Franklin Yard

Fueling, classification, and origination of local trains

Franklin Yard

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The tracks of the Missouri-Kansas-Texas Railroad were completed to Franklin in 1893. A roundhouse and shops were located in low, swampy, bottom land just southwest of New Franklin, known as Franklin Junction. In 1895, a two-story depot was built at this section and served as a division terminal office for twelve years. It was moved to a location closer to New Franklin on a string of flatbed cars and later burned.

In 1906, the Businessmen's Association of New Franklin acquired the land for the railroad to build a reservoir to supply water for the mighty steam engines. This secured the permanent division point for location at the Franklin Junction yards. The Katy Reservoir, as it became known, lies just to the north of the railroad yards at Franklin.

The expenditure of 15.5 million dollars by the Missouri-Kansas-Texas Railway in 1923 for improvements to the railroad yards, again assured the growth and continuation of the railroad division point location in Franklin Junction.

Construction of a forty-room hotel, a new powerhouse, an addition to the roundhouse and a new 90-foot turntable, were built by the Katy, along with machine stops, a new depot and office buildings. An immense oil tank 30 feet high and 114 feet in diameter with the capacity of 55,000 barrels of oil was erected to store oil for locomotives. Franklin became an important railroad center in 1923. Katy payroll was nearly a half-million dollars in 1930-31, with the New Franklin-Franklin area being the second largest of the companies in the state.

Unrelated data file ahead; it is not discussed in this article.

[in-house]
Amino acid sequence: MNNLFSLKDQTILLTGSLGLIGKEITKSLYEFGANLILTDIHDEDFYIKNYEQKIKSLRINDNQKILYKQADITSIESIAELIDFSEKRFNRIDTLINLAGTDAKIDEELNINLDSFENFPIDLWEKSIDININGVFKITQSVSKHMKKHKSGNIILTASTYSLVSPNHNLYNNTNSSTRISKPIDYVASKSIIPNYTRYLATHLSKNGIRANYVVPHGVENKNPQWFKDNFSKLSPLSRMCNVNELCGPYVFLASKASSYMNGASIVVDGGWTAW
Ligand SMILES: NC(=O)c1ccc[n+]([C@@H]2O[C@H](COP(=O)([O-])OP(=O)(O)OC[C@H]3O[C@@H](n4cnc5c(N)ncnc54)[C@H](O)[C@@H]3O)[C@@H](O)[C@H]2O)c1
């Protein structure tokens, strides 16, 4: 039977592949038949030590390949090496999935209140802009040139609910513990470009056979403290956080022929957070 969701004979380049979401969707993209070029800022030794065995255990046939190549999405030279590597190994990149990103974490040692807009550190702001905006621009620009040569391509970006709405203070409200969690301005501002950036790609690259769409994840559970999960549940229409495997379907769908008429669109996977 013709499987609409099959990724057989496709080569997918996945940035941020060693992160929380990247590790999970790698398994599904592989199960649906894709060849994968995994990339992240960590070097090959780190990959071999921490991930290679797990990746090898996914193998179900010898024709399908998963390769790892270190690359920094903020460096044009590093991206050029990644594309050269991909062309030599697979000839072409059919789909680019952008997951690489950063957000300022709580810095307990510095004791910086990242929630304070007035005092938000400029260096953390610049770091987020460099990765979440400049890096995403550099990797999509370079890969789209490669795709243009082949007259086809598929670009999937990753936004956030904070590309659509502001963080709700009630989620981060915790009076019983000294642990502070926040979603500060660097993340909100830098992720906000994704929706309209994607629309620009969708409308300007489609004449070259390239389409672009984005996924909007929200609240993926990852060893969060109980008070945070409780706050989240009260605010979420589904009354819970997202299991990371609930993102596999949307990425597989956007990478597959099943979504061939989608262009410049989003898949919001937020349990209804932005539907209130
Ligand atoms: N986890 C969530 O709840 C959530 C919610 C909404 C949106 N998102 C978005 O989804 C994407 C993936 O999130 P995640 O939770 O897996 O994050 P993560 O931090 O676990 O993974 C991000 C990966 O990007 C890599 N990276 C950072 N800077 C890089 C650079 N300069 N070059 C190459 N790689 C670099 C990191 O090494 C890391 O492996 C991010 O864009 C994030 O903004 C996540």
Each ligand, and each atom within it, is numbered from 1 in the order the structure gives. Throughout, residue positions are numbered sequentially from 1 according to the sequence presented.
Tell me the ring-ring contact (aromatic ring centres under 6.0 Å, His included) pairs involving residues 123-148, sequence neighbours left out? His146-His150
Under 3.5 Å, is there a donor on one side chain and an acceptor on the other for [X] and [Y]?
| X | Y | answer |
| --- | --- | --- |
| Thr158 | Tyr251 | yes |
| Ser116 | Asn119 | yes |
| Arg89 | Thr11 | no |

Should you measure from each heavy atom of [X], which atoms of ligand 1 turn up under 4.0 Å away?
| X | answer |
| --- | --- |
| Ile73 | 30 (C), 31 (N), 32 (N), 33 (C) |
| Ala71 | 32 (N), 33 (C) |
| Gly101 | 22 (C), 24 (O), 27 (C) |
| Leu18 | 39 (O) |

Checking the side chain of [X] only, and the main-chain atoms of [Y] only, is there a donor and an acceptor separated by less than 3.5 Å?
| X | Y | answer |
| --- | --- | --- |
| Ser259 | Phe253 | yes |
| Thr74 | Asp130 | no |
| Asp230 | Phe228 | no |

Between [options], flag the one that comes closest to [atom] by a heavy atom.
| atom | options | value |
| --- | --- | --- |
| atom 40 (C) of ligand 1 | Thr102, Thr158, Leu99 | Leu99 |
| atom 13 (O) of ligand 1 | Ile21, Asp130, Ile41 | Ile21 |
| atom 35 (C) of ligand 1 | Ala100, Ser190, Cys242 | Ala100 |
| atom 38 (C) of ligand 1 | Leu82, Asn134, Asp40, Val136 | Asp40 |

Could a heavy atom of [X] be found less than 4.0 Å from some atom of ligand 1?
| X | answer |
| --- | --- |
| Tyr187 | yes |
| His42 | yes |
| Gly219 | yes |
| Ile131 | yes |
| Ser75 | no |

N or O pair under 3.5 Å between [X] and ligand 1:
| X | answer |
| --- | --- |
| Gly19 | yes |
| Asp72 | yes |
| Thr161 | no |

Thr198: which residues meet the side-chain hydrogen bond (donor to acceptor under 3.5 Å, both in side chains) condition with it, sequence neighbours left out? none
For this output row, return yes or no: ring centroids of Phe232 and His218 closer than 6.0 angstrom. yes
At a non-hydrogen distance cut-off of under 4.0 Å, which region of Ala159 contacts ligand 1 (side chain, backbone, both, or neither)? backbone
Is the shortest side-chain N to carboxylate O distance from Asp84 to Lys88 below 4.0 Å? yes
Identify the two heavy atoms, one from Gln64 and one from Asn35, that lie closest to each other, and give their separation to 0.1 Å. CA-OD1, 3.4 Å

The beginning of WWII, 1939-1945, produced floods of rail tonnage and consequent year of prosperity for all railroads. Unfortunately, coal, chemicals and petroleum derivatives needed for treating the railroad ties were in short supply, as was good quality timber. Some twenty to twenty-five years later the wartime installation of inferior ties and the long stretches of fifty and ninety pound rails posed serious problems in the maintenance programs of the Katy as the postwar fortunes of the Katy deteriorated.

By the 1980s, it was evident the once undaunted, proud, thundering rails of the pioneering Katy were losing steam. The Katy was sold to the Union Pacific Railroad in 1986 and all her rails across Missouri lay abandoned and silent.

In the spring of 1990, the Missouri Department of Natural Resources transformed the 225 mile long rail beds into the Katy walking and bicycling Trail State Park, following the diverse and beautiful countryside of the once thundering rails known as the "Katy."

Franklin Yard, at milepost 189, was the site of a large yard and train master’s office. The yard facilities included a roundhouse, back shop, water treatment plant, car department, scales, and diesel servicing.

Leon Sapp was the MKT Trainmaster for this division around 1970, and according to Leon, the yard here was large but underutilized. Rail was 60-70 pounds, and by September 1970, was being cannibalized in places for use on the Moberly branch, which had very light rail.
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Extra train at east end of Franklin Yard, head toward St. Louis
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Katy train crew at the trackside hotel
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The New Franklin Viaduct that crosses over the east end of Franklin Yard
Recent pic of the FY turntable.

Looking pretty sad,

(click photo to embiggen)
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